It was thanks to Rousseau that in 1765 Boswell set out for Corsica. For some four decades, the island had been fighting a slow-burning war of independence against its long-time overlord, the Italian Republic of Genoa (at the time, Italy was not yet a united country). The Corsicans had won Europe-wide attention for their supposed attachment to republican liberty, and Rousseau himself had praised them in his recently published Social Contract as the “one country in Europe which is fit to receive laws ... .” Rousseau not only talked to Boswell about the island, but told him in glowing terms about its leader, a 45-year-old professional soldier named Pasquale Paoli. Since coming to power 10 years before, Paoli had brought peace to the perennially fractious Corsican clans, reorganized the island’s government and military, and even founded a press and a university, despite conditions of such poverty that he routinely scraped the ink off letters he received so as to reuse the paper. Here was another great man for Boswell to add to his collection, and the young Scot could not resist seeking out Paoli, despite the not-inconsiderable risk of falling prey to sea pirates or bandits, or being taken by the Corsicans for a spy.

No pirates materialized, and Boswell suffered nothing worse on the two-day journey than fleas, vermin, and the dark warnings of the crew to stay away from their women (they clearly knew their man). He landed safely at the northern tip of the island, and then undertook a grueling, 120-mile trek southward, arriving more than a week later in the town of Sollacaro, where Paoli was staying. The Corsican leader initially reacted with suspicion, thinking that Boswell — who kept scribbling down detailed notes of everything he saw — had indeed come to spy. But soon enough, the Boswellian charm — plus a letter of introduction from Rousseau — produced the desired effect. And Paoli for his part realized that Boswell might prove useful in mobilizing British support for the rebellion. So he treated his visitor royally, feasting him, introducing him to Corsican clan leaders, allowing him to ride his own finely outfitted horse, and spending long hours in conversation with him. When, after nearly two weeks, Boswell began the long trip back to the mainland, Paoli gave him a series of rich gifts, including an elegant suit of clothes, a brace of pistols, and a dog. Boswell asked Paoli to write him letters, and to do so as a philosopher and man of letters. “He took me by the hand,” Boswell later wrote, “and said, ‘as a friend.’” Boswell nearly collapsed with pleasure.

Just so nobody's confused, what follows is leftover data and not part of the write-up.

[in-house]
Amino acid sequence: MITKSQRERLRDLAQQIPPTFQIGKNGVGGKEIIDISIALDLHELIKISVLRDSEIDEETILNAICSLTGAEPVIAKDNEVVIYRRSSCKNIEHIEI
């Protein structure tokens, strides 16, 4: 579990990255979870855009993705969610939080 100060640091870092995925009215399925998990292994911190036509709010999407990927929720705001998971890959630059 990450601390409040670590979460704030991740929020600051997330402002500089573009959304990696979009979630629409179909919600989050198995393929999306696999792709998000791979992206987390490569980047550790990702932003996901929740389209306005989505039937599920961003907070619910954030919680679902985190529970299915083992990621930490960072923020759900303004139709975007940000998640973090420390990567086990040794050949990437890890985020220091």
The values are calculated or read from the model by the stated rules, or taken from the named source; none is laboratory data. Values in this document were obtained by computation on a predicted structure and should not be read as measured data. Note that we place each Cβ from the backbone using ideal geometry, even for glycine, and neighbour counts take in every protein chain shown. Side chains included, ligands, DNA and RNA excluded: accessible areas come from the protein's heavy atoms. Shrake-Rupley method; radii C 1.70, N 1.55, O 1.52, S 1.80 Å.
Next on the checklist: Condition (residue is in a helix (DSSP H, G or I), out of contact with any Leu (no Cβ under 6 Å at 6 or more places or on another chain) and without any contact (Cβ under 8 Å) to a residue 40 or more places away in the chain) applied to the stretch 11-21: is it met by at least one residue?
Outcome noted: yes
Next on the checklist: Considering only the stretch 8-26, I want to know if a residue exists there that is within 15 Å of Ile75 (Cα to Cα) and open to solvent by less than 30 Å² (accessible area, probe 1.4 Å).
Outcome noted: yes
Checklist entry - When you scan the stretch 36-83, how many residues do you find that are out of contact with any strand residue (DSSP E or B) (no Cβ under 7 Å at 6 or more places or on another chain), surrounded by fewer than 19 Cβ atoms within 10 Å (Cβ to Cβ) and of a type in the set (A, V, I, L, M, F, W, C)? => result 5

Almost from the moment he landed back in Italy, Boswell started writing about Corsica and Paoli for London newspapers, and told everyone that his experiences on the island had left him a changed man. “Paoli,” he wrote to Rousseau, “has infused my soul with a firmness that it will never lose.” Arriving back in Britain in early 1766, Boswell talked of nothing but Corsica and Paoli to his literary acquaintances, and they urged him to write a book. “Give us as many anecdotes as you can,” Samuel Johnson told him. Boswell set to work, and in February 1768 there appeared An Account of Corsica, The Journal of a Tour to That Island, and Memoirs of Pascal Paoli.

Although the book devoted considerable space to a description of the island, it was the portrait of Paoli that caught readers’ attention. This portrait was quite different from that of the actual Paoli, as historians now view him. The historical Paoli was admirable in many respects, but also a consummate and occasionally brutal political operator whose rule in Corsica was decidedly authoritarian. But what matters more for our story is the image of Paoli that circulated outside of Corsica, above all thanks to Boswell. For this image did a surprising amount to shape modern ideas of what it means to be a charismatic political figure.